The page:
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Role of Supply Chain in Universal Health Coverage

Role of Supply Chain in Universal Health Coverage

 

Role of Supply Chain towards achieving Universal Health Coverage

Kenya Healthcare Federation supply chain committee held the last committee meeting of the year at Kenya Private Sector Alliance (KEPSA) offices on 22nd November 2018 to confer about Public-Private Partnership (PPP) areas in Supply Chain, Innovations in Health Product Distribution/Supply Chain, Promoting Local Manufacturing and the Role of Supply Chain towards achieving Universal Health Coverage (UHC). Dr. Chris Masila of PractHealth chaired the meeting.

Supply chain committee meeting during the last quarterly meeting at KEPSA offices.

Innovation in healthcare is rapidly growing and can contribute positively to healthcare accessibility. However, Mr. Rolando Satzke CEO, COSMOS Limited, raises a major concern that the patient is not put at the center of the innovations and that the quality of medicine must be maintained to the point of delivery. Further, Dr. Christine Sadia, Chair Kenya Medical Women Association, questioned whether the instructions of the prescription would be clear to the patient at point of delivery.

Dr. Nyalita backed the ideas by adding that most of the innovators focus on the commercial side which raises the question on quality. On the matter Mr. Rolando Satzke concluded by saying “I strongly suggest that all innovations should be patient centrered ensuring that all patients should be able to access quality medication without financial strain.” Dr. Anastasia Nyalita updated the committee on price regulations where she informed them that the Pharmacy and Poisons Board(PPB) is working on the price regulation strategies that was mandated by the Ministry of Health(MoH) and the final report  will be ready by the beginning the year 2019. It was good to note that Kenya Healthcare Federation is well represented in the technical working group that is working together with the Pharmacy and Poisons Board.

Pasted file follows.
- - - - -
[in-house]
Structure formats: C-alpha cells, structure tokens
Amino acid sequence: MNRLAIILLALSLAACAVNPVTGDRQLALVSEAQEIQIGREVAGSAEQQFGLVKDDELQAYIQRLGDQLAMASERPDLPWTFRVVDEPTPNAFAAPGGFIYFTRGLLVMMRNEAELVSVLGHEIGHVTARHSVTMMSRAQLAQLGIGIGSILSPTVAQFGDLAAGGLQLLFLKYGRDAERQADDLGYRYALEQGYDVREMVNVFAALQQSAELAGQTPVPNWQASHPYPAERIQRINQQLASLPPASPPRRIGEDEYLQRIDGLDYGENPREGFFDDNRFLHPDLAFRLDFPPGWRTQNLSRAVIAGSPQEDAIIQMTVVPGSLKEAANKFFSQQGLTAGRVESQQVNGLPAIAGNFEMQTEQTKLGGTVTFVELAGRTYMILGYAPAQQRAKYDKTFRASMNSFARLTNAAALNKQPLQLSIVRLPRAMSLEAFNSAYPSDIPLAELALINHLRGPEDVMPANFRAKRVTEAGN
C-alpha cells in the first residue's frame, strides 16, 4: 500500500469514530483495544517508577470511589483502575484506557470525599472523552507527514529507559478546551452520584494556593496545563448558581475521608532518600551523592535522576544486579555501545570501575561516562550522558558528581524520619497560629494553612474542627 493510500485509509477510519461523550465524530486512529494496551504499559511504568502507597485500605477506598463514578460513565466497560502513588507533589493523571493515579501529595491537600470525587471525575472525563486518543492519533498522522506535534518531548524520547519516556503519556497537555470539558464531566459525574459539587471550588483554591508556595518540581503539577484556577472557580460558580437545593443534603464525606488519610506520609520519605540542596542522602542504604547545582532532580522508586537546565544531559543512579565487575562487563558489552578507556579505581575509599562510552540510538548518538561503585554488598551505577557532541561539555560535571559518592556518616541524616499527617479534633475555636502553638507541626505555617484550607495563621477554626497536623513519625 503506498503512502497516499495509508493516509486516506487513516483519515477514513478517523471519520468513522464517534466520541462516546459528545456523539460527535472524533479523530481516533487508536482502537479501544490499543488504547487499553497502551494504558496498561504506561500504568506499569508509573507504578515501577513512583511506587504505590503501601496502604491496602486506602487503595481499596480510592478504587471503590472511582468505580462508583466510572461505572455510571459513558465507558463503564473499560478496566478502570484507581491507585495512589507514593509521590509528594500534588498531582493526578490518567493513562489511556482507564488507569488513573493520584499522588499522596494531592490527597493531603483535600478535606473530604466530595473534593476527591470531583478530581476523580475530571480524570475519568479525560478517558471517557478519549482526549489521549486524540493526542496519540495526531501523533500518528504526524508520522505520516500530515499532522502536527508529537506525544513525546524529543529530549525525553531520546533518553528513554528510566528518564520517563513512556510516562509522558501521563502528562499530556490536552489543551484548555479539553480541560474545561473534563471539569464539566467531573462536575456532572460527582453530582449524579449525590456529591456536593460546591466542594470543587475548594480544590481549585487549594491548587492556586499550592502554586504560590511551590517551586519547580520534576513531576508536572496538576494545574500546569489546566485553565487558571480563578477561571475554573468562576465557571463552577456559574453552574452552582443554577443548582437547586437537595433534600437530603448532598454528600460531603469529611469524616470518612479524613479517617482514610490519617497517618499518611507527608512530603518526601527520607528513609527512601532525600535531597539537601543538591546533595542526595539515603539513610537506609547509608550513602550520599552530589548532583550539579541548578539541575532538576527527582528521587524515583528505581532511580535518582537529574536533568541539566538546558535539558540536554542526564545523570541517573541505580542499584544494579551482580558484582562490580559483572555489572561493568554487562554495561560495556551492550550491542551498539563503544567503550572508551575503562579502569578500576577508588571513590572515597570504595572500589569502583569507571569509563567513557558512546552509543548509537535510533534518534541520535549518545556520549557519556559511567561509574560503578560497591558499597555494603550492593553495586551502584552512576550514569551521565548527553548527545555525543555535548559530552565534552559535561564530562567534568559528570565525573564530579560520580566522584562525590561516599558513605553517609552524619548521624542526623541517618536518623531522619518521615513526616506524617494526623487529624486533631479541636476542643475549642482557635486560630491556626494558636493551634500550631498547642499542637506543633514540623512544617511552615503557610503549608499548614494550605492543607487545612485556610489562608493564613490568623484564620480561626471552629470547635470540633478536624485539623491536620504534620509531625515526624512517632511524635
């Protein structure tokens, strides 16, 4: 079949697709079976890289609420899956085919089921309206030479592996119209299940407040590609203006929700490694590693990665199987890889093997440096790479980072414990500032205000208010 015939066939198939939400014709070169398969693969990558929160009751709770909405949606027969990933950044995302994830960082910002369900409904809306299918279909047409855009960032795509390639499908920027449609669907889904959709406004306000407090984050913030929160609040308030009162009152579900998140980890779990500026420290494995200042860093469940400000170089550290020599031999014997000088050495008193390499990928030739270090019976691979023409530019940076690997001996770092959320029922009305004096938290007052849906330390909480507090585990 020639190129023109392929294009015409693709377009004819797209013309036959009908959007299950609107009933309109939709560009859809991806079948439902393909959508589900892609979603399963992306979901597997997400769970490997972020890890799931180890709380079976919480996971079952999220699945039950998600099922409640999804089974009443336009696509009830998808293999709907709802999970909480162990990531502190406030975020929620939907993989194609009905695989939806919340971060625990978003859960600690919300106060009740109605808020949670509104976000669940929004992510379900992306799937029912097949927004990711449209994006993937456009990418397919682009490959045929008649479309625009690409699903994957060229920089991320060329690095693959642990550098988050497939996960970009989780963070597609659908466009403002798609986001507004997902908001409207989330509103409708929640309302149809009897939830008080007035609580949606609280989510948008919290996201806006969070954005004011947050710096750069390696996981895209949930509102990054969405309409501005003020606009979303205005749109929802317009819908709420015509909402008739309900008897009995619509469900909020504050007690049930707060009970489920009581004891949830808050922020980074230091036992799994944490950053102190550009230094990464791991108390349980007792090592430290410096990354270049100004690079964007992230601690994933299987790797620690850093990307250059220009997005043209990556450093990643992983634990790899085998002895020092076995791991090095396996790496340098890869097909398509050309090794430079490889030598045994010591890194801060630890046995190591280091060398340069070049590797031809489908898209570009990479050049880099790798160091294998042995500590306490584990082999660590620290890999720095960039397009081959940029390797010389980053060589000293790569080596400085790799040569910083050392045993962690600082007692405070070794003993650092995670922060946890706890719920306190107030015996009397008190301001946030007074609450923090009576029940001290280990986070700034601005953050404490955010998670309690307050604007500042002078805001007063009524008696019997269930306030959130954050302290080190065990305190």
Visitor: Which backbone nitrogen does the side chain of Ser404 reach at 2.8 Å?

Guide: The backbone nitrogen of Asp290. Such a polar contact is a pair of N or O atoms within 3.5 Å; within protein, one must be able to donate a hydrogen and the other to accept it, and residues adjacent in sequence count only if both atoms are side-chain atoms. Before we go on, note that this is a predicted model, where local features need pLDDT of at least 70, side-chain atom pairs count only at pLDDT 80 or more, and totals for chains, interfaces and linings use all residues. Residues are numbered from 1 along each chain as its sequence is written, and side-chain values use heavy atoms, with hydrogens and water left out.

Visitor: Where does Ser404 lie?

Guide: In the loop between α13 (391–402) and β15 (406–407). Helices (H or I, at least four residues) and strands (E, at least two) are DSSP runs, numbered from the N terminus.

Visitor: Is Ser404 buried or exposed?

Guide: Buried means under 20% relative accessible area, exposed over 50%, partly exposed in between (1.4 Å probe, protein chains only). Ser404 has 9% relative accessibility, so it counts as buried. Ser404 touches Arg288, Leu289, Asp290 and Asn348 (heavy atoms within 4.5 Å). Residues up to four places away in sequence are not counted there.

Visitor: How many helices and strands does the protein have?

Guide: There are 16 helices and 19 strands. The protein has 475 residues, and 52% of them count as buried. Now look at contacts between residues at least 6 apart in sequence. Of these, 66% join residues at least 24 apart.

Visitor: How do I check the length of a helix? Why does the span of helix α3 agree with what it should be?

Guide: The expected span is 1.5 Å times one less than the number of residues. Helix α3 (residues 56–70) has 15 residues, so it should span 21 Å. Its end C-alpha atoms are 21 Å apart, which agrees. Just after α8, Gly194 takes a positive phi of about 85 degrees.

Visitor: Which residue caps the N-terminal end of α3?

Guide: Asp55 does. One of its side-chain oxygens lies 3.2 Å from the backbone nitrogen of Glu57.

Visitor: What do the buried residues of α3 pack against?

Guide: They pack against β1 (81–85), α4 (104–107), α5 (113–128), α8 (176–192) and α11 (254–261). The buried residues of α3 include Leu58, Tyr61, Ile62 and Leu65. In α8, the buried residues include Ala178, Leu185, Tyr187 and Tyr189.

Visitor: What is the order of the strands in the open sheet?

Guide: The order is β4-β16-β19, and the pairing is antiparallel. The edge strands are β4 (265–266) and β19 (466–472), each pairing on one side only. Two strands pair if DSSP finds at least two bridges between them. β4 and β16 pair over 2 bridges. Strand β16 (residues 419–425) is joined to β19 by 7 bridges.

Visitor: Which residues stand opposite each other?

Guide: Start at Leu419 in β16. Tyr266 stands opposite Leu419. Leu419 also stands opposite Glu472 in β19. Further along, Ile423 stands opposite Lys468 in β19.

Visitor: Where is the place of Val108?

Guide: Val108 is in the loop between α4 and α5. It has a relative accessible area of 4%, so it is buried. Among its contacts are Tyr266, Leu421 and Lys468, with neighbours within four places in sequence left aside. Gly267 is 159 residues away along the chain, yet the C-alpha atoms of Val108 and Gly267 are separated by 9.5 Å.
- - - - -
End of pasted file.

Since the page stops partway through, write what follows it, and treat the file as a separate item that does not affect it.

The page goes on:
There was a unanimous agreement by the supply chain committee that it will contribute and support UHC. However, price controls gives less opportunity for profit makers to distribute and resell drugs at a margin to typically unreachable markets, eventually resulting in less impact on patients. This argument links to the importance of patient awareness of  and understanding of factors affecting commodity prices.  Its important to bring this issue up now when the UHC is being strategized. Countries like Japan Switzerland, Ethiopia and Lesotho are good examples of price regulation models.

The committee has also been discussing the parallel importation Act and Dr. Nyalita updated the committee that the Act by PPB has been finalized and was presented at the Ministerial Stakeholder Forum and will be gazzetted. The Act will look into regulations of parallel importation and Illicit Trade.

On national coding of drugs, Dr. Nyalita updated the attendees on the consensus that was reached where KHF was asked to prepare and present a proposal to the Ministry of Health on coding of pharmaceutical products. In the ninth Ministerial Stakeholder Forum, it was agreed that Kenya should select a global pharmaceutical coding system such as the Anatomical Therapeutic Chemical Classification System(ATC) codes as used by PPB to register medicines. Dr. Daniella Munene was requested to work closely with PPB on this in order to propose a workable coding system for medicines. During the Ministerial Stakeholder Forum, it was agreed that the private sector should share an updated paper on the role of the Private Sector in achieving Universal Health Coverage. The presentation should include bottlenecks that should be addressed to increase coverage and access to quality, affordable healthcare for all.

 

 

 

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